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The Merging of Knowledge

People in Poverty and Academics Thinking Together

Research Group, Fourth World-University - Contributions by Paul Bouchet and Joseph Wresinski

This book relates the success of a seemingly impossible challenge: to have a group of academics and people living in persistent poverty conduct research together. What conditions can the knowledge drawn from poverty cross with academic rigor? What type of knowledge does this collaboration result in? This is what The Merging of Knowledge presents in terms of the processes of The Fourth World-University program and the result of its five groups of work: history, family, knowledge, work and human activity, and citizenship.

The results featured in this book can be appreciated on many levels. At the level of content, this unique collaboration offers knowledge from the very poor regarding their lives that is neglected or misunderstood in fields as varied as history, family sociology, work sociology, and political science. This "voice of the voiceless" is brought to the book by collaborative writing and is presented with the academics' methodological and epistemological contribution. At the level of gathering and understanding the information collected, the very poor are often given the role as "witnesses" of poverty in interviews. Here, as researchers, they contribute to rigorously examined content that illuminates their situations.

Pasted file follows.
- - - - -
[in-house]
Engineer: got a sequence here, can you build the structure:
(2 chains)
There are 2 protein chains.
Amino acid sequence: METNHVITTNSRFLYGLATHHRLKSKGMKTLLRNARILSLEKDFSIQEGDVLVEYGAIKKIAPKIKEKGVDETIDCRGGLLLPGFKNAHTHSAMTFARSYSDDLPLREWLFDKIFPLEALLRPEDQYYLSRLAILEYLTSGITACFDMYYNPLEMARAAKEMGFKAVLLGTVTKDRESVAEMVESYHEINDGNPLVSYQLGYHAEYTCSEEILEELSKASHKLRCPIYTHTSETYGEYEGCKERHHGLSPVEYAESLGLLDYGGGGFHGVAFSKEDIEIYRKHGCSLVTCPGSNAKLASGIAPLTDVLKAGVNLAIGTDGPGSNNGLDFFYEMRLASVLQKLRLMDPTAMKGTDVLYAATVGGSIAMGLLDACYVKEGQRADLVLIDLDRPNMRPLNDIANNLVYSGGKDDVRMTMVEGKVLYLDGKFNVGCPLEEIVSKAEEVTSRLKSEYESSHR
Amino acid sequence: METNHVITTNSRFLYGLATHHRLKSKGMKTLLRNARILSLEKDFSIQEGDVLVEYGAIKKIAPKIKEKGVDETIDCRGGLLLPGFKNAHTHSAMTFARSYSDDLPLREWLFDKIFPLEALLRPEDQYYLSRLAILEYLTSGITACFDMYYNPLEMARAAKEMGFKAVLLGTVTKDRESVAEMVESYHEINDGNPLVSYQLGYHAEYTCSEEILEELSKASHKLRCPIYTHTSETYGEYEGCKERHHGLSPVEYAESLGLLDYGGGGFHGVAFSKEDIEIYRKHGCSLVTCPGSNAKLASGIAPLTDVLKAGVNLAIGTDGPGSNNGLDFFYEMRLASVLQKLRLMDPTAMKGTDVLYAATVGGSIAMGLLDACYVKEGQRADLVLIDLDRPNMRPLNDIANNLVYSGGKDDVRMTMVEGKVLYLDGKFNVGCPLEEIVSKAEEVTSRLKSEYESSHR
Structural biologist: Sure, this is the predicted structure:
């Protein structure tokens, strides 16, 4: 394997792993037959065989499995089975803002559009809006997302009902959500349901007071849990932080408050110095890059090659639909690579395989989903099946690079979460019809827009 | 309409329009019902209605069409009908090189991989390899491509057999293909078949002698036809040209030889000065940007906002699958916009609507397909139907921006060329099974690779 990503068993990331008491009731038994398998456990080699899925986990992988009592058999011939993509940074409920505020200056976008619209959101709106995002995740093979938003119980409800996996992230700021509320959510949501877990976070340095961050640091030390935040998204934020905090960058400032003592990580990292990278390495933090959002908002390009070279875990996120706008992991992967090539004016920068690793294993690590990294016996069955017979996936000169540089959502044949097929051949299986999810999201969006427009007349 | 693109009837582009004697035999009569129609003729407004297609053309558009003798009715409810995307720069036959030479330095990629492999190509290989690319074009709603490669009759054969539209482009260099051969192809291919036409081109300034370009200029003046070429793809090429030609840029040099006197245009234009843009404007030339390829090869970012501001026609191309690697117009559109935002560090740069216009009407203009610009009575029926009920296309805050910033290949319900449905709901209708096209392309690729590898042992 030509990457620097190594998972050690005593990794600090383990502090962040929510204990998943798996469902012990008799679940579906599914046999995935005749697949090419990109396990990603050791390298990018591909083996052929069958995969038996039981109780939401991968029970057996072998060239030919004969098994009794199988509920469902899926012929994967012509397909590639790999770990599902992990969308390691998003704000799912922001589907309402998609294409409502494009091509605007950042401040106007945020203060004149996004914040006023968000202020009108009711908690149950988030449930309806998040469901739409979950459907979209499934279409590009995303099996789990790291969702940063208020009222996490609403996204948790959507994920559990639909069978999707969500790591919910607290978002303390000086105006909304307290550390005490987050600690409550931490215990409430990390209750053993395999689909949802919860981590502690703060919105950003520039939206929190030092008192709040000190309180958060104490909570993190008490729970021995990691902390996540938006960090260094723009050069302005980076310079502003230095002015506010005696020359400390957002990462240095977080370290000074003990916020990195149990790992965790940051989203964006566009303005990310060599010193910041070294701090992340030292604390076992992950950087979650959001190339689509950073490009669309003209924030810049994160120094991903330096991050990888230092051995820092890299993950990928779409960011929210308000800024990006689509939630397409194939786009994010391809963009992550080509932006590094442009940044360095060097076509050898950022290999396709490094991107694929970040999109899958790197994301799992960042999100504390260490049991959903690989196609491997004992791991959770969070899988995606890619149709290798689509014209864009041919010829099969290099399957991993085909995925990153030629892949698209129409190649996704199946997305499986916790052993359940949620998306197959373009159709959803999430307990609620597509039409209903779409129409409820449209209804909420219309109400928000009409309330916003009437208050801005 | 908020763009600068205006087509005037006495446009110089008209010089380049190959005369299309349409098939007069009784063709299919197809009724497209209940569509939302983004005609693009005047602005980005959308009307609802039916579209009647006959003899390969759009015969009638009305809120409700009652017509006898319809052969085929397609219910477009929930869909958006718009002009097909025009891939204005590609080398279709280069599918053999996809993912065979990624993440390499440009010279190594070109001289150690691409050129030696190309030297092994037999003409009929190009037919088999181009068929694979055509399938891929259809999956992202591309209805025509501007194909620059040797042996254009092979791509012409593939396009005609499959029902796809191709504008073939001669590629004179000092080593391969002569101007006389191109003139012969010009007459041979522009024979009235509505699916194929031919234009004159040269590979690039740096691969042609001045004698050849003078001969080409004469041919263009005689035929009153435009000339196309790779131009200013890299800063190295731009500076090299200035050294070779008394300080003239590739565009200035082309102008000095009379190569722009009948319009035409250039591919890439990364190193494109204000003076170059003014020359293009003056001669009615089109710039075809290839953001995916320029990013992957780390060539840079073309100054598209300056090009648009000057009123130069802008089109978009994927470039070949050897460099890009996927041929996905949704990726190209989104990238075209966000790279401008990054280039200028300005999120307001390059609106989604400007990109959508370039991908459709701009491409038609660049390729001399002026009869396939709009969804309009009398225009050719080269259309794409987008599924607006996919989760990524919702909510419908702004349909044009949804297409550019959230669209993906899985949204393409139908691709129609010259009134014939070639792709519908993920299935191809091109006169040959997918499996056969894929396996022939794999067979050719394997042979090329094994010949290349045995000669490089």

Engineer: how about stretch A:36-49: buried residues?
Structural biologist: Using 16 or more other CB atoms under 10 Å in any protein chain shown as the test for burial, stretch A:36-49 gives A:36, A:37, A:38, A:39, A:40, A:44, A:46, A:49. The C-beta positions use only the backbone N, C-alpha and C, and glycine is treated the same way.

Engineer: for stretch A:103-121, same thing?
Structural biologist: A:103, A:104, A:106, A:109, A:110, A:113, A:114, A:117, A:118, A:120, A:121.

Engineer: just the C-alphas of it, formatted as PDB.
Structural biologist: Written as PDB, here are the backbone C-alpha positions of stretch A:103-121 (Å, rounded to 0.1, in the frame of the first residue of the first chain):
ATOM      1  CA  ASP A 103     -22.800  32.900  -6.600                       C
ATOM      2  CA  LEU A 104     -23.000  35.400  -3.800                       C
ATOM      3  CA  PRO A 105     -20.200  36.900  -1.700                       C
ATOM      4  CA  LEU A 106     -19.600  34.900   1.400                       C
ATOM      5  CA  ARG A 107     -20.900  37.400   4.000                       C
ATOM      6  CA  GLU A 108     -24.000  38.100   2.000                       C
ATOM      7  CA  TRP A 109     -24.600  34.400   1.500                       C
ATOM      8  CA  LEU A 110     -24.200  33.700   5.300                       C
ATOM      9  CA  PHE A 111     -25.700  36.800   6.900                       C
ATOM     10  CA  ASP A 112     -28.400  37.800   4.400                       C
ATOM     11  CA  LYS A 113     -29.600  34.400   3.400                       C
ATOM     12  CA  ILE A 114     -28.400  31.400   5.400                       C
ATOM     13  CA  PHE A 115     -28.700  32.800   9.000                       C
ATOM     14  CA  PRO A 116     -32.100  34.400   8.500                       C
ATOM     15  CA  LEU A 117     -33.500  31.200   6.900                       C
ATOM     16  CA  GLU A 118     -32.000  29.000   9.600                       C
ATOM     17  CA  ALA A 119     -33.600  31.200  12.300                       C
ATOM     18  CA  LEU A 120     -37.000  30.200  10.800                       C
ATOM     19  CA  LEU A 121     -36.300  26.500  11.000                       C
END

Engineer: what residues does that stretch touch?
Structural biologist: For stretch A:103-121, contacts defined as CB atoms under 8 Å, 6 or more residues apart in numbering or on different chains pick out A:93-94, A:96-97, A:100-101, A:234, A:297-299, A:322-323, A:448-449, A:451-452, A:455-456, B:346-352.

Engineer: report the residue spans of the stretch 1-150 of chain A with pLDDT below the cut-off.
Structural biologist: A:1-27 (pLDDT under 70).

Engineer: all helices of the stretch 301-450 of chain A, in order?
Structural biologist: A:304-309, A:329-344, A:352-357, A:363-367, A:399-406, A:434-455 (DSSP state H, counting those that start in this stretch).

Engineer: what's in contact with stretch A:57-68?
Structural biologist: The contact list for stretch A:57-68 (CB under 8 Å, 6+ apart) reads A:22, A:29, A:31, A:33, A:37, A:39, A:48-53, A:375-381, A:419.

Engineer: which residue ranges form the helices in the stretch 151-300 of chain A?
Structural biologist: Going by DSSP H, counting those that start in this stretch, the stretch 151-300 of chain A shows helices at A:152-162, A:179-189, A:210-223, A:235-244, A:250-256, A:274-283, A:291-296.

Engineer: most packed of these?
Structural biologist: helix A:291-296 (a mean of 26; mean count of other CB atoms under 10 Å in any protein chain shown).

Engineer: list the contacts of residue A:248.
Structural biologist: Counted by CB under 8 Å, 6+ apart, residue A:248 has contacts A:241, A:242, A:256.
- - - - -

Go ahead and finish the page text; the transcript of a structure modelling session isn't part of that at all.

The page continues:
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University Press of America / Fourth World-Univ Research Group (Upa)
Pages: 502Size: 6 x 9
978-0-7618-3751-0 • Paperback • August 2007 • $64.99 • (£44.95)
Fourth World-University Research Group is a group of community activists from very poor communities; practitioners in social change; members of the Fourth World Movement; and academics in the humanities and sciences. Training programs involving academics, professionals (from the fields of health, education, social work, etc.) and people living in poverty are initiated by Fourth World-University Research Group.
Part 1 Preface
Chapter 2 General Introduction
Part 3 I: History: From Shame to Pride
Chapter 4 Introduction
Chapter 5 The Group's Approach
Chapter 6 Different Viewpoints
Chapter 7 Understanding Poverty from Within
Chapter 8 Turnaround
Chapter 9 From the People of Poverty to the People of the Fourth World
Chapter 10 Conclusion
Part 11 Appendix
Part 12 II: Family: The Family Plan and Time
Chapter 13 Introduction
Chapter 14 Approach
Chapter 15 The Family
Chapter 16 Time and Continuance in the Family Plan
Chapter 17 Between Planning and Crisis: A division within Family Time
Chapter 18 Is the Family Project a Stepping Stone to Entering Society?
Chapter 19 Conclusions
Part 20 Appendix
Part 21 III: Knowledge: Freeing Knowledge!
Chapter 22 Introduction
Chapter 23 Methodological Approach
Chapter 24 Academic Knowledge
Chapter 25 Knowledge Gained from Life Experience
Chapter 26 Knowledge Born of Action and Personal Commitment
Chapter 27 Conclusion
Part 28 Appendix
Part 29 IV: Work and Human Activity: Hidden Talents
Chapter 30 Introduction